An oil and gas industry veteran who “hails from north-east fishing stock” has reeled in a buyer for his firm’s southern North Sea discovery.
Chief executive Richard Strachan said Speedwell Energy was selling its Cotton gas discovery to London-listed RockRose Energy for an undisclosed sum.
Mr Strachan founded his Aberdeen-headquartered oil and gas venture about six years ago.
He named the company after a fishing boat owned by his extended family, who were based in the village of Inverallochy, near Fraserburgh.
A graduate of the Aberdeen and Robert Gordon universities, he said it was always his intention to name the company’s assets after local fishing ports and harbours.
Speedwell obtained the block containing its only asset in the 2016 supplementary licensing round.
It was initially called Carna, but Speedwell later received approval from the Oil and Gas Authority (OGA) to rename it Cotton – a local name for Inverallochy.
The field was discovered in 2009 and is located between the Kilmar and Gallow fields, both of which are 15% owned by RockRose.
It is thought to contain recoverable resources of 97 billion cubic feet of gas, or 16.7 million barrels of oil equivalent.
But the asset was relinquished as “no one thought they could do anything with it”, according to Mr Strachan, a chartered engineer who has worked in the oil sector for more than 30 years.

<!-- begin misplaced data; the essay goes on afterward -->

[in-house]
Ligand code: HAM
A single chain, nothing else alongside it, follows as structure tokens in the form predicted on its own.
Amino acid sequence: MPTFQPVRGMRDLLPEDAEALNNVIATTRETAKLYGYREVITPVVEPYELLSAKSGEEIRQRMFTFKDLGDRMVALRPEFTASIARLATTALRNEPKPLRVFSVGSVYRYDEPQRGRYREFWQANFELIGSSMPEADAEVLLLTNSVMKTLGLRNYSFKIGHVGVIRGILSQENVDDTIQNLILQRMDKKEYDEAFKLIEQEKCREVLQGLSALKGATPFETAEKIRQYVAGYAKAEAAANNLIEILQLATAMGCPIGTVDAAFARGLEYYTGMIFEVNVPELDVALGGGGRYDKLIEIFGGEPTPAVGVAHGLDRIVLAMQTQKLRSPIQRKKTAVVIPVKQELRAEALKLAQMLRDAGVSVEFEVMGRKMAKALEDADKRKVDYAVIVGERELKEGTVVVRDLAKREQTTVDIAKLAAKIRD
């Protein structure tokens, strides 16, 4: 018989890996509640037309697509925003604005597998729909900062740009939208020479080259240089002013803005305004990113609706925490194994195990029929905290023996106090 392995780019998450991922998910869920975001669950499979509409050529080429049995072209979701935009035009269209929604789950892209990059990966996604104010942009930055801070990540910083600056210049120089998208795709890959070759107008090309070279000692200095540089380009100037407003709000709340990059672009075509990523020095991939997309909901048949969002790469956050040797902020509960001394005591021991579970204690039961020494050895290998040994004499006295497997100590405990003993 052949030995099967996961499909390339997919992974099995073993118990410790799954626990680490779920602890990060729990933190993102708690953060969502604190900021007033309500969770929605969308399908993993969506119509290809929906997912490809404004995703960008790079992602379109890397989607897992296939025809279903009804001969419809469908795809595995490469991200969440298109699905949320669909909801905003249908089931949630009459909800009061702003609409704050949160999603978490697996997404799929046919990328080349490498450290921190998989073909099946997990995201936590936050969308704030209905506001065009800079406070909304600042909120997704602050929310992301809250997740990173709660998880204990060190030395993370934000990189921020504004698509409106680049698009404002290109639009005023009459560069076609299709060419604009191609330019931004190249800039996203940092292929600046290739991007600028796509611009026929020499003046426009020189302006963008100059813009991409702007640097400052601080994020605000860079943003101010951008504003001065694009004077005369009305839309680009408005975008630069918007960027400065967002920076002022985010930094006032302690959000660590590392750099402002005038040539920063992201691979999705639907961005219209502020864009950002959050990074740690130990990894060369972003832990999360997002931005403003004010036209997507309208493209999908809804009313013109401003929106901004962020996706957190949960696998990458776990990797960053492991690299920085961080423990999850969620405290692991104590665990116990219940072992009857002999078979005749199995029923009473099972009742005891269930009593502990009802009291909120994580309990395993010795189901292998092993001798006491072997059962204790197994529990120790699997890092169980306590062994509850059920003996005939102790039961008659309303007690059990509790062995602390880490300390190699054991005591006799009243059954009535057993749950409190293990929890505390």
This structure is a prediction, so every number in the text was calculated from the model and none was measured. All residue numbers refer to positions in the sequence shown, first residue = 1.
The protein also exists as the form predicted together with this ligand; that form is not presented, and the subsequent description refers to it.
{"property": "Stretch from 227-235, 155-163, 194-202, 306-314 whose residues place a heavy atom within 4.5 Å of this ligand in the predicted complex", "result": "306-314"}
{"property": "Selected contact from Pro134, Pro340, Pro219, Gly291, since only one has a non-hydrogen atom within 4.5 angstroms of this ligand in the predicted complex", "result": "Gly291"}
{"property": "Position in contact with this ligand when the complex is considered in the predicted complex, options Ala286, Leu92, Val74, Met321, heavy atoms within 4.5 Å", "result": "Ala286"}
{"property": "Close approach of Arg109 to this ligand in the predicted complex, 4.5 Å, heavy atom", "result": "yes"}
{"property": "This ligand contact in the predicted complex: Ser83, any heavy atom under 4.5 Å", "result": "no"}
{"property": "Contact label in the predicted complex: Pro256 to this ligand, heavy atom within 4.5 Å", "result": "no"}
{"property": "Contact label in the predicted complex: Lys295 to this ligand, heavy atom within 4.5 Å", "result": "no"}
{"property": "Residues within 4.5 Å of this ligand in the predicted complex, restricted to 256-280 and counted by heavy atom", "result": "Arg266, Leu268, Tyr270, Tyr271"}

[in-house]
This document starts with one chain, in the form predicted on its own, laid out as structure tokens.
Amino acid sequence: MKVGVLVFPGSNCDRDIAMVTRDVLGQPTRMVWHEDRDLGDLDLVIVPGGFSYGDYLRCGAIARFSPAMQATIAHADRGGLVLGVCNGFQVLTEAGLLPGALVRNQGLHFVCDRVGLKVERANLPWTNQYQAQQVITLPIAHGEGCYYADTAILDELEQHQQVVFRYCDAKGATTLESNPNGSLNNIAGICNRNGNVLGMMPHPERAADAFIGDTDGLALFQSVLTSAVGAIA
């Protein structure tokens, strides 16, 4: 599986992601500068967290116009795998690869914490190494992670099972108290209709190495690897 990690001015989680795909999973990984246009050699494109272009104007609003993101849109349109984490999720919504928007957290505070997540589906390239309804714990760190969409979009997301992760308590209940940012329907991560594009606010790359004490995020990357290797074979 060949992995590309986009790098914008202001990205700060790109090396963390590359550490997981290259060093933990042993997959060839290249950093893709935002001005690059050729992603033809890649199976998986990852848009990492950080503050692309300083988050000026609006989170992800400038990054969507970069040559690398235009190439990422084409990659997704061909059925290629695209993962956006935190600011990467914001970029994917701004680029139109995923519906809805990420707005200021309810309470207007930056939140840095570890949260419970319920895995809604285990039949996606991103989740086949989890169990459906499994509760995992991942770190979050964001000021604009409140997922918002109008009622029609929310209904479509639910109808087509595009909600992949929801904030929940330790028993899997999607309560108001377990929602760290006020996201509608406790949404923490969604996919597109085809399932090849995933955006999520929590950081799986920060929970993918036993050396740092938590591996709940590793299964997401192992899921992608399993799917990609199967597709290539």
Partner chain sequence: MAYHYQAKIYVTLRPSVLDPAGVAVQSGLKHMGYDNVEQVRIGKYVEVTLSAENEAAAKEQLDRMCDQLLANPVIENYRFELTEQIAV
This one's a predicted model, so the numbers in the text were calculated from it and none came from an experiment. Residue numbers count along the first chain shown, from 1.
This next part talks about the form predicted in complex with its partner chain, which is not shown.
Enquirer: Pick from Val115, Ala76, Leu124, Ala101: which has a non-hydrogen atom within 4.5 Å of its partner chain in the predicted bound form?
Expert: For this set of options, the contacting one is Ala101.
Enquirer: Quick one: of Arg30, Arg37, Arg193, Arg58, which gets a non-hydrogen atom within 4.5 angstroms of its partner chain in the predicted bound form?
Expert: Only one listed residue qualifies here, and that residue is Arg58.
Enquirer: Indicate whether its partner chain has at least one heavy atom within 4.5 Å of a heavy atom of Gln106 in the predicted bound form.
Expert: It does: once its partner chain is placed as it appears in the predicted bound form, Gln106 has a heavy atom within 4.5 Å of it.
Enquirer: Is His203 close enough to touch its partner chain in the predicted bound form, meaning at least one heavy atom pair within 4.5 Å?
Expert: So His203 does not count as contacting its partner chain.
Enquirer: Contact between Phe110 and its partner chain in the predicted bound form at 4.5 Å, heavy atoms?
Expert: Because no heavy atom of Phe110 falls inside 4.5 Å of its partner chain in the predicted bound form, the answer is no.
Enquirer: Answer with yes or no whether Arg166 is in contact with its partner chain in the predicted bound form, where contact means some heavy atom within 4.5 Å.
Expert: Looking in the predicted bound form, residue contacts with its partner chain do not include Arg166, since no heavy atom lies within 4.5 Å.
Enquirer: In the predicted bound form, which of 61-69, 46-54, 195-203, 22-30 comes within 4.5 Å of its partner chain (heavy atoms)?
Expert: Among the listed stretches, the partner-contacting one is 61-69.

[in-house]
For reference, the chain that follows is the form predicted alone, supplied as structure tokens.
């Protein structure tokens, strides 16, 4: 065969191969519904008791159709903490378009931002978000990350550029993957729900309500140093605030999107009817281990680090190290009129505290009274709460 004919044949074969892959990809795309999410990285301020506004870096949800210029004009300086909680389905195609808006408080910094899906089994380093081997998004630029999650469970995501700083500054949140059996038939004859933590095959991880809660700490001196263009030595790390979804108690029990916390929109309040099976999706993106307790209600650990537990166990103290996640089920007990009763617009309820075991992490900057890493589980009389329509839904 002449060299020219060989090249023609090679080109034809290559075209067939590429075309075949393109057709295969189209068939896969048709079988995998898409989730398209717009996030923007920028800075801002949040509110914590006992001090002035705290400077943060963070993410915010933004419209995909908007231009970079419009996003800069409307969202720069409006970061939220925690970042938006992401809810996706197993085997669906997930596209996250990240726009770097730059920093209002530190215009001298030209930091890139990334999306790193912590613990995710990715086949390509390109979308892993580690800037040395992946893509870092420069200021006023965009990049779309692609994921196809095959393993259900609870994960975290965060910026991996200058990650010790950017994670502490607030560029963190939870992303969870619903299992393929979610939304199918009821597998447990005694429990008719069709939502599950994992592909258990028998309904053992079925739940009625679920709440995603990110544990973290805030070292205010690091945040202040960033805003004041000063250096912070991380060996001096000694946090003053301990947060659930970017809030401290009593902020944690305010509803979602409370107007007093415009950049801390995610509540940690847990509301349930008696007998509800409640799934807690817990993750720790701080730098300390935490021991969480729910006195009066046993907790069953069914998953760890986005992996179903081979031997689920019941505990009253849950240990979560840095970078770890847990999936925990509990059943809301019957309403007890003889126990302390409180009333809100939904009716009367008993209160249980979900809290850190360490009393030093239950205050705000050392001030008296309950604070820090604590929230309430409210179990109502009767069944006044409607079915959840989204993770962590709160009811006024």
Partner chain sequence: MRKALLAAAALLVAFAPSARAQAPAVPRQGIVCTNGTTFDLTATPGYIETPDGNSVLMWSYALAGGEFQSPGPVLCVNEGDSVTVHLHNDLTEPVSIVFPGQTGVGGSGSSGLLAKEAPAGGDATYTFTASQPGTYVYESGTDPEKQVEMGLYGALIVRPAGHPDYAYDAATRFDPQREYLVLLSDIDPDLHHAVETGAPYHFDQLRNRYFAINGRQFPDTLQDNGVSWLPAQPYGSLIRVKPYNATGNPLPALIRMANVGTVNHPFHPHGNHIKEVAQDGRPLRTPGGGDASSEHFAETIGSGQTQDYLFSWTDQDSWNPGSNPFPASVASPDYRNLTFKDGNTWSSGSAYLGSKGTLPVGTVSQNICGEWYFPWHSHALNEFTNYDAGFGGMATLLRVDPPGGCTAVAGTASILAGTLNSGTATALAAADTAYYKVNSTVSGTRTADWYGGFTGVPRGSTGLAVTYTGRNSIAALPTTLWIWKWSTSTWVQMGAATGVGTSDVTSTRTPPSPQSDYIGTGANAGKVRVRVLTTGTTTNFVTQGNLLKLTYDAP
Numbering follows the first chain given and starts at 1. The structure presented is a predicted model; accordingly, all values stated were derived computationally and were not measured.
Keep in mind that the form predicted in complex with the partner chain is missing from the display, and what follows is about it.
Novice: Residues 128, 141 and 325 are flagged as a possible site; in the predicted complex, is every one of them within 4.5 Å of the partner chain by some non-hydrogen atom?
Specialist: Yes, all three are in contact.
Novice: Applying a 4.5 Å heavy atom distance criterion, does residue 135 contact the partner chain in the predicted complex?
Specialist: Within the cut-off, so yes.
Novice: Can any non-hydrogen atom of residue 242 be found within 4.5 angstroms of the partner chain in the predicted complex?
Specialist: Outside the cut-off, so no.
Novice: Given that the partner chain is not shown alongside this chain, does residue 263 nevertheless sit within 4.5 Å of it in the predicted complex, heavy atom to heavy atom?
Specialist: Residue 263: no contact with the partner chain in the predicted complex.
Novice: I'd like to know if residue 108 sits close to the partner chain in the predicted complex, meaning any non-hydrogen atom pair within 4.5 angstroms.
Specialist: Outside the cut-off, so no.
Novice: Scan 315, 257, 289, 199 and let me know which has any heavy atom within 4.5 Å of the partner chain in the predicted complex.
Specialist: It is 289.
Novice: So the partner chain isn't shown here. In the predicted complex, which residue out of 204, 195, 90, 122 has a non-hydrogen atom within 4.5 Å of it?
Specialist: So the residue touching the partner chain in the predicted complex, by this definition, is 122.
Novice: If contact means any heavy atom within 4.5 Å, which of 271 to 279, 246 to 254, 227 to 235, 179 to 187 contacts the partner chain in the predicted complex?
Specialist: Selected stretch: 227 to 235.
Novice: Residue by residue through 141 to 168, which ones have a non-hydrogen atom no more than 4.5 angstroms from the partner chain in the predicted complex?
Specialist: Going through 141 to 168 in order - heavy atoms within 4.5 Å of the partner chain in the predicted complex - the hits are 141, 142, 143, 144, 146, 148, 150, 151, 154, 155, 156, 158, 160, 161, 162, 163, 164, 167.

Many exploration and production firms start by raising funds before looking for an asset to buy.
Mr Strachan said he had wanted to “try something different” with Speedwell, first identifying a discovery and then – through self-funding – progressing it to the point where it was ready for market, resulting in the RockRose deal.
Along the way, he gained support from his cousin and subsurface director, Jim Ritchie, who holds a minority stake in Speedwell.
Contractors helped come up with a field development plan, which has been prepared for submission to the OGA.
Speedwell has also engaged with the owners of infrastructure which could be used to deliver gas from Cotton.
Asked where the cash came from, Mr Strachan said: “My own pocket.”
RockRose will stump up a “limited initial consideration” for the subsidiary of Speedwell which holds the Cotton discovery. A larger sum will be paid if a final investment decision is reached.
London-based RockRose is planning further studies to make sure the economics of the project are “robust”.